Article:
And although the data shows that there have only been a handful of cases where Google had agreed to remove web content from Google products, one thing is certain – Google, pretty much guarantee to adhere to court orders which means that an appropriate court order can resolve internet defamation matters fairly quickly. And because these applications for court orders to remove web pages from Google products are becoming more common and are hardly ever being contested by Google, the costs of obtaining them has become much more affordable in recent months and it is likely that the costs will drop further as the process is becoming more and more of a routine.

This is good information to have for anyone who is involved in any sort of business or has been the subject of a recent threat of internet defamation against them. Unfortunately we have now reached the point where almost everyone under this planet is a potential victim to some sort of internet defamation threat, which means we are pretty much all in this together.

Internet defamation expert

I have seen the devastation that online defamation brings from all different angles. From being the subject of it myself and through the experiences of small and independent businesses, as well as of  large organisations including international franchises and PLC companies. I have seen the pain in the eyes of a couple who owned a small family business for almost 15 years just for them to see it all collapsing in front of their own eyes as a consequence of a serious online reputation attack by a disgruntled employee who they had made redundant due to a previous incident of breach of trust.

This is why, some time ago, I made a real commitment to share my unique knowledge and experience in this very niche area of the law – “internet defamation” with as many business people as I can. My blogs are read by thousands of people every month and some of my work has been featured in business publications such as Forbes and Bloomberg Business Week.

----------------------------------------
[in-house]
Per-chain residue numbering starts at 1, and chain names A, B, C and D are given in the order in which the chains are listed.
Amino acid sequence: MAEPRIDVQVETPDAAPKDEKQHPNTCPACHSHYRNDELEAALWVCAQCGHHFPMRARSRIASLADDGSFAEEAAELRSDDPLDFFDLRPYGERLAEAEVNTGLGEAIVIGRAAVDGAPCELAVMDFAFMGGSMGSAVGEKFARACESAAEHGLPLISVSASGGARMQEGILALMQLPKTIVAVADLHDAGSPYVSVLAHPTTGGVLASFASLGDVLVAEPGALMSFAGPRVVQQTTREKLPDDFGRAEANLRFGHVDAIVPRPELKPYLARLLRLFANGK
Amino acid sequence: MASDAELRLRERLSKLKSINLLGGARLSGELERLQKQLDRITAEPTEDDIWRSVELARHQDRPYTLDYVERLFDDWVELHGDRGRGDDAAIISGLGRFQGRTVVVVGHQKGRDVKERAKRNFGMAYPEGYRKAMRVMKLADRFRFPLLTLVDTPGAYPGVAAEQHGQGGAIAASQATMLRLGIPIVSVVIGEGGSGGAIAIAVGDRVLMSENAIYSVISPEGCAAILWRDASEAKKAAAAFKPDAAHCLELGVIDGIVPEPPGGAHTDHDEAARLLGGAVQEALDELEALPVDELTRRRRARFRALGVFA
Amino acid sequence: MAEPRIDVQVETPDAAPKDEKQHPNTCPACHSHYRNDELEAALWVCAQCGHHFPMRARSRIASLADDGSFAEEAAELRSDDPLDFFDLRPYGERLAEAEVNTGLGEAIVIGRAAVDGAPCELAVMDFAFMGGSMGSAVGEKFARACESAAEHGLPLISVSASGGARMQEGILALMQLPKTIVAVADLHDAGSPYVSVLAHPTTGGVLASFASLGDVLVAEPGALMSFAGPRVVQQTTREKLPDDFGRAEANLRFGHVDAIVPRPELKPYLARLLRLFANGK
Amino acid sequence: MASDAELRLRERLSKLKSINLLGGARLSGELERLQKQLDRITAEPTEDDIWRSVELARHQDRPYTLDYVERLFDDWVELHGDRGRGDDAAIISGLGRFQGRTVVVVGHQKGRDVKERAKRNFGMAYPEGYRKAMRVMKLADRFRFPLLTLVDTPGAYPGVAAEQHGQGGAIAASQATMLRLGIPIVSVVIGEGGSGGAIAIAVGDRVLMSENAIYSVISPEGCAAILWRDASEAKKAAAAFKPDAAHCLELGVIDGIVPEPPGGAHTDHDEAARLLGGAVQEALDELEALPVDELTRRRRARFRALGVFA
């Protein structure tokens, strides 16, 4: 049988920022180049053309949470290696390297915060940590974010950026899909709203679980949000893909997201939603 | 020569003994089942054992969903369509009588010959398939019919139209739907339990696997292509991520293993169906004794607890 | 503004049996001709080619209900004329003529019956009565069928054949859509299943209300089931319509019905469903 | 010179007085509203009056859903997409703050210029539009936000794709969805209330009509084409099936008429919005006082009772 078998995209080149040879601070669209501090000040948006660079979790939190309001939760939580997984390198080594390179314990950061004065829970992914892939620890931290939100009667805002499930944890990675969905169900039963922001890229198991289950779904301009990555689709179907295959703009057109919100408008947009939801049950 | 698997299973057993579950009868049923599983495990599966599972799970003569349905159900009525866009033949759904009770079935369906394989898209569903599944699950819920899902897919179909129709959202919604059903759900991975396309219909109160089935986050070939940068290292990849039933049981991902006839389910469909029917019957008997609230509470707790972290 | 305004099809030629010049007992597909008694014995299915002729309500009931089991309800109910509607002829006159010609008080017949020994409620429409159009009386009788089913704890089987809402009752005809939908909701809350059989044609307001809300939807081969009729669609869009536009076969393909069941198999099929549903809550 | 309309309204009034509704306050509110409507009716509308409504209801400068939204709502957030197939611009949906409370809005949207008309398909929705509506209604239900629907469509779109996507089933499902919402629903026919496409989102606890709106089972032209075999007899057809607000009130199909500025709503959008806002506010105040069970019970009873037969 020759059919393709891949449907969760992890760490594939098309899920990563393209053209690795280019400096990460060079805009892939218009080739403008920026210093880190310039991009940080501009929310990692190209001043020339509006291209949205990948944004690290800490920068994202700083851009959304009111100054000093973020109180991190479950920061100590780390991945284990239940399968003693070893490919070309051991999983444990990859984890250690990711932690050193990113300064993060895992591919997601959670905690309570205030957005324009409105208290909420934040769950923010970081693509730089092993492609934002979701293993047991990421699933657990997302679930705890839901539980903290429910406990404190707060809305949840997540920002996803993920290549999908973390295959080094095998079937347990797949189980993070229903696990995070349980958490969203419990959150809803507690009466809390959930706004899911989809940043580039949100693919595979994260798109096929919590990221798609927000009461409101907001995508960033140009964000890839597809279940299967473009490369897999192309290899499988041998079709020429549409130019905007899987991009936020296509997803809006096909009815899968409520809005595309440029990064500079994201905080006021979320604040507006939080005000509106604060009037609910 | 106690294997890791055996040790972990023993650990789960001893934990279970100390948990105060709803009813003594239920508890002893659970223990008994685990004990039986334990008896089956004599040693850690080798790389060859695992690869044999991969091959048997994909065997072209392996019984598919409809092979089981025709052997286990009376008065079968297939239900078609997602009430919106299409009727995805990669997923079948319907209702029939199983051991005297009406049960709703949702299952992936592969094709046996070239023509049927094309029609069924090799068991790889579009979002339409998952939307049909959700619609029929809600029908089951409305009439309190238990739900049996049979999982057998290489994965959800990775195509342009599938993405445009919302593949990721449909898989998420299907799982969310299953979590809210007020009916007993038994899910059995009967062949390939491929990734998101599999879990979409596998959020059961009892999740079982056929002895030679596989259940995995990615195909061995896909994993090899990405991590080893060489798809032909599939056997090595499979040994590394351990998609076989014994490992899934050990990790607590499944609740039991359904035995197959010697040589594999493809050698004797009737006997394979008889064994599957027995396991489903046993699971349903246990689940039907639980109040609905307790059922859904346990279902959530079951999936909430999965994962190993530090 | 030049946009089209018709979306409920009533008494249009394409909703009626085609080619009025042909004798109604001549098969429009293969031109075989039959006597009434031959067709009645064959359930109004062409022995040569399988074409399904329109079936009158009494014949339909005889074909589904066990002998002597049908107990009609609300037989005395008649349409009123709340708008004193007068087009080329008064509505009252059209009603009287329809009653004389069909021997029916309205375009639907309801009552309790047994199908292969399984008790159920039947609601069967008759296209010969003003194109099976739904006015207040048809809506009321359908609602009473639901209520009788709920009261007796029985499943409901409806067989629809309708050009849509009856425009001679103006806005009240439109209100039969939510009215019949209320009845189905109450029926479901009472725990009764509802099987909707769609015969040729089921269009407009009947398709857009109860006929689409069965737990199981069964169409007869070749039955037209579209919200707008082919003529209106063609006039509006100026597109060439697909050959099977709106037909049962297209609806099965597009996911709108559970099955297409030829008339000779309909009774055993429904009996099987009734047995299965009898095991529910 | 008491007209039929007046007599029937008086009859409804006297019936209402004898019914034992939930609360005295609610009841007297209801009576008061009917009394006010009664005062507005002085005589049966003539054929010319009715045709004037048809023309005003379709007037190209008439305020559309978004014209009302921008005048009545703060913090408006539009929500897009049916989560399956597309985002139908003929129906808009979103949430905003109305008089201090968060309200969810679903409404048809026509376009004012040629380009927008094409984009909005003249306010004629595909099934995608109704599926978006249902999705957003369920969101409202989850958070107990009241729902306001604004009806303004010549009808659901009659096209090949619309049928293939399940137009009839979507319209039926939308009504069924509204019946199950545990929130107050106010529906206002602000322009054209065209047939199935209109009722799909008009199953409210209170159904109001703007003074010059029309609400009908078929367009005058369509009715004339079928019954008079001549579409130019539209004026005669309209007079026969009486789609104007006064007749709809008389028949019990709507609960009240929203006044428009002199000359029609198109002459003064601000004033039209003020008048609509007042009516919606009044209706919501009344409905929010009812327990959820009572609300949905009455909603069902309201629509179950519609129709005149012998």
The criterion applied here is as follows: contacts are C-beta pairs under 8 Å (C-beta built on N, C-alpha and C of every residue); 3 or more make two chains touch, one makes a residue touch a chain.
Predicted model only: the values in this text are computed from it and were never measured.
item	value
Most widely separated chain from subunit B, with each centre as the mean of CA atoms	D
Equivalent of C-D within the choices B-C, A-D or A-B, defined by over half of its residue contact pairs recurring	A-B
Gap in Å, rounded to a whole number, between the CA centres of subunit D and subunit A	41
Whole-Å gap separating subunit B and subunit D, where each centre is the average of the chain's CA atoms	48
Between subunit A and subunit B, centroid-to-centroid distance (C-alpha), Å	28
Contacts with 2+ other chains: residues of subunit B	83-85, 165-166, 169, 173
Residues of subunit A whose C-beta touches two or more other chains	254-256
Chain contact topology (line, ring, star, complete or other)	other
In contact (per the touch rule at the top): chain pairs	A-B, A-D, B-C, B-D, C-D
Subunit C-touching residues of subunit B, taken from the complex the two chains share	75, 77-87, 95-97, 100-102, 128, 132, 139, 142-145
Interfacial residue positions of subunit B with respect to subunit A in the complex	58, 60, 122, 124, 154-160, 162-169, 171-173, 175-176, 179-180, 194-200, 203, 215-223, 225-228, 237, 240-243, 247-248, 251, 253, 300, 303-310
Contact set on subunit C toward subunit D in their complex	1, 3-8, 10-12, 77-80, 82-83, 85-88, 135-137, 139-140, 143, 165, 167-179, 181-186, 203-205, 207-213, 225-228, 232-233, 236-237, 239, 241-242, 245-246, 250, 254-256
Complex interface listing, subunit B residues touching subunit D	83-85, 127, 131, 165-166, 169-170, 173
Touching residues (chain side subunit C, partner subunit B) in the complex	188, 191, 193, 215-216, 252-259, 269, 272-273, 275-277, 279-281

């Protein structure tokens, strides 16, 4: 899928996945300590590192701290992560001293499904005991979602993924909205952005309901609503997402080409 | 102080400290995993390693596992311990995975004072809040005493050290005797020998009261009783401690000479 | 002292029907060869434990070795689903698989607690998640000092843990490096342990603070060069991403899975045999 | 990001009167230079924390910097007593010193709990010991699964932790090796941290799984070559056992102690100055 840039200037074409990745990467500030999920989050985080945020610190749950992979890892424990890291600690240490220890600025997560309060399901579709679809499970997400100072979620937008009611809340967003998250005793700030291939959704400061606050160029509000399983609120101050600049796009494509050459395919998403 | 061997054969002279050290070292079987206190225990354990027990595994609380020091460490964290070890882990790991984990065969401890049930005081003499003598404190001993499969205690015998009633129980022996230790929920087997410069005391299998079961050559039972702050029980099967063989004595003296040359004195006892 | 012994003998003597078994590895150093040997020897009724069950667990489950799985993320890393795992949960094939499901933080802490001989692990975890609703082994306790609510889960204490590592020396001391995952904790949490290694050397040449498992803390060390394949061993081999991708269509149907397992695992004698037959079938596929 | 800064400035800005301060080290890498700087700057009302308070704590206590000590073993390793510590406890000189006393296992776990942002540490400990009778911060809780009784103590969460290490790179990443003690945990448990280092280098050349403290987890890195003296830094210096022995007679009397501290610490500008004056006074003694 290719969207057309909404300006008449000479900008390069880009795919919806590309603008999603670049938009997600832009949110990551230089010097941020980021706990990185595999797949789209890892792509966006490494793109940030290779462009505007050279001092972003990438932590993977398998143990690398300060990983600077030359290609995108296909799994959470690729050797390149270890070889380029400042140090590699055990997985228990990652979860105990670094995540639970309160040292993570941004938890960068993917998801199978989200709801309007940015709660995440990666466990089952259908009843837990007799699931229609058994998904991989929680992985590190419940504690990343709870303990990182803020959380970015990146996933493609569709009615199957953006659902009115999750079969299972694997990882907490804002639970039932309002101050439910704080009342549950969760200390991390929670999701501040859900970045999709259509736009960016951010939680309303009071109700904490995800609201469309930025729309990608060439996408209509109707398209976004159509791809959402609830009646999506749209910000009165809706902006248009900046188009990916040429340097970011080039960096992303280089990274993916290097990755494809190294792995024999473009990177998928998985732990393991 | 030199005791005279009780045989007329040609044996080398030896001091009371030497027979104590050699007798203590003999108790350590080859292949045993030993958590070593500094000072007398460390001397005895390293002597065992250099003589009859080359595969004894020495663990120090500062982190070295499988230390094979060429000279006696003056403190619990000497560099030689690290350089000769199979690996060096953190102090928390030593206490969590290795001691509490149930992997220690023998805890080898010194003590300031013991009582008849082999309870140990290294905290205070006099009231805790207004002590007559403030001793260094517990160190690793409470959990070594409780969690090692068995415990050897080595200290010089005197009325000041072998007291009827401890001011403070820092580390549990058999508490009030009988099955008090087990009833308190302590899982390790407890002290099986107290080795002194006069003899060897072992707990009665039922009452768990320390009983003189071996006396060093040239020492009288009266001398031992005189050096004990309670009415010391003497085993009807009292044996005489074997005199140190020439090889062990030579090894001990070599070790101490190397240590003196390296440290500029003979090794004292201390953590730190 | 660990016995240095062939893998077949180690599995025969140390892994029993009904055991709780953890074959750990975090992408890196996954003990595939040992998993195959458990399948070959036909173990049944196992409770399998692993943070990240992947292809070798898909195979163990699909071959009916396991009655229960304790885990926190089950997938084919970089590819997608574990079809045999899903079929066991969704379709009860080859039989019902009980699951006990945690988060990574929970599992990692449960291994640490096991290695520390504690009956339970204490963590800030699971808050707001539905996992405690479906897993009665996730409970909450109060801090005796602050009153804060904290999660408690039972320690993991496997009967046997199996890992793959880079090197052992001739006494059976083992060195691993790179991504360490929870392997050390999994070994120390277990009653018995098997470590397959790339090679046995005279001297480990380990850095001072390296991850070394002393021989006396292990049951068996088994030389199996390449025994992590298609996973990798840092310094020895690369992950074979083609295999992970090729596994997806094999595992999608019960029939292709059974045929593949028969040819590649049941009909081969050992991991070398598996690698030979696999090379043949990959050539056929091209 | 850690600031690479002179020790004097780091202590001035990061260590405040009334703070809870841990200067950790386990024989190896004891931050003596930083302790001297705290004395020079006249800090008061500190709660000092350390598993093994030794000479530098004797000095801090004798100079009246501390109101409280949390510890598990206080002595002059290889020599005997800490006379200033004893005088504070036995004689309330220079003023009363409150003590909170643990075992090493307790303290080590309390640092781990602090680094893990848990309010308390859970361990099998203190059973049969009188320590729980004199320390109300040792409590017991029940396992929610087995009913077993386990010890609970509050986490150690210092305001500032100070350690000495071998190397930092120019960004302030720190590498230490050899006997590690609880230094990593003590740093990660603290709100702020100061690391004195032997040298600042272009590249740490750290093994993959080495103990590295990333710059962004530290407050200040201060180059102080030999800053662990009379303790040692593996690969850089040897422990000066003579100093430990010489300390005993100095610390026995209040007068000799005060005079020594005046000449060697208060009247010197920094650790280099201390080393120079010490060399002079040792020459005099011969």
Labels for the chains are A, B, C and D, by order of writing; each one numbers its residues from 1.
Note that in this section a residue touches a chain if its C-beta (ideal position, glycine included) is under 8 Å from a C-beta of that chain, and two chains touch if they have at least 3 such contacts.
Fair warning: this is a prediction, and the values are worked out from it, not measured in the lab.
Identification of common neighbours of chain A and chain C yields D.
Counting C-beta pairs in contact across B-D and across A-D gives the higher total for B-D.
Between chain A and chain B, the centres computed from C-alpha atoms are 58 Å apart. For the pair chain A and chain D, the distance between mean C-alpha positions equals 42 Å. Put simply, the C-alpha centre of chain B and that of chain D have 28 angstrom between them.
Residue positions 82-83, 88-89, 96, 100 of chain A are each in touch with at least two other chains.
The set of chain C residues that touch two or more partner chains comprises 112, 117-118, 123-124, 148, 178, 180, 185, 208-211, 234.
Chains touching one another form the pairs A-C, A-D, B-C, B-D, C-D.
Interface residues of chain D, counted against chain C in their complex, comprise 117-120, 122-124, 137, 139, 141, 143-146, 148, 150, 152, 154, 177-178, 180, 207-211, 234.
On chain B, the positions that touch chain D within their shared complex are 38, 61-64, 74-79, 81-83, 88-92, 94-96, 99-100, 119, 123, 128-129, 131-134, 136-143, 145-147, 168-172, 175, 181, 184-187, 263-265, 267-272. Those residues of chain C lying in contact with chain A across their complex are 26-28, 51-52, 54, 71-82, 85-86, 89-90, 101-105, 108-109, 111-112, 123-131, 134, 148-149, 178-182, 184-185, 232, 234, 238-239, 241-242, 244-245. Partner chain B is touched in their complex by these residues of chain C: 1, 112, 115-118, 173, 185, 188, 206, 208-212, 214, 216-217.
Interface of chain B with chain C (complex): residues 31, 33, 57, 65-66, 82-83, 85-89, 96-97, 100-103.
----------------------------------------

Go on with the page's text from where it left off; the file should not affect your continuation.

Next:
In my blogs I have given many case studies covering a variety of businesses and situations and am updating this information all the time. This gives business owners and managers across the country an opportunity to learn from the experiences of similar businesses on the internet, so that they can now prevent and deal effectively with internet defamation. Perhaps one single piece of information that you read in one of these short case studies could one day make the difference for your own business.

I now post all the latest case studies and short tips about internet defamation on Twitter so if you were ever wondering how Twitter can help your business, follow me on @cyberlawexpert and enrich yourself with very useful information on internet defamation.Yair Cohen on Twitter

Best wishes,

 Yair Cohen

By Yair Cohen

 
 

internet_law_expert
Because the internet is a world of extremes, success and failures could literally happen overnight.

The speed by which you can have web pages listed on the first pages of Google could bring immediate and substantial amount of money to your business, literally overnight. The same speed however that leads to this immediate success could cause complete devastation to business owners who find that their reputation has been tarnished almost overnight.

The good news however, is that ‘easy come easy go’ normally works both ways which means it is possible to make negative reviews and defamatory web pages disappear to obscurity, where hardly anyone will ever view them. Speed and strength are keys to success and tasks of removal of negative reviews or defamatory web pages should not be undertaken half-heartedly.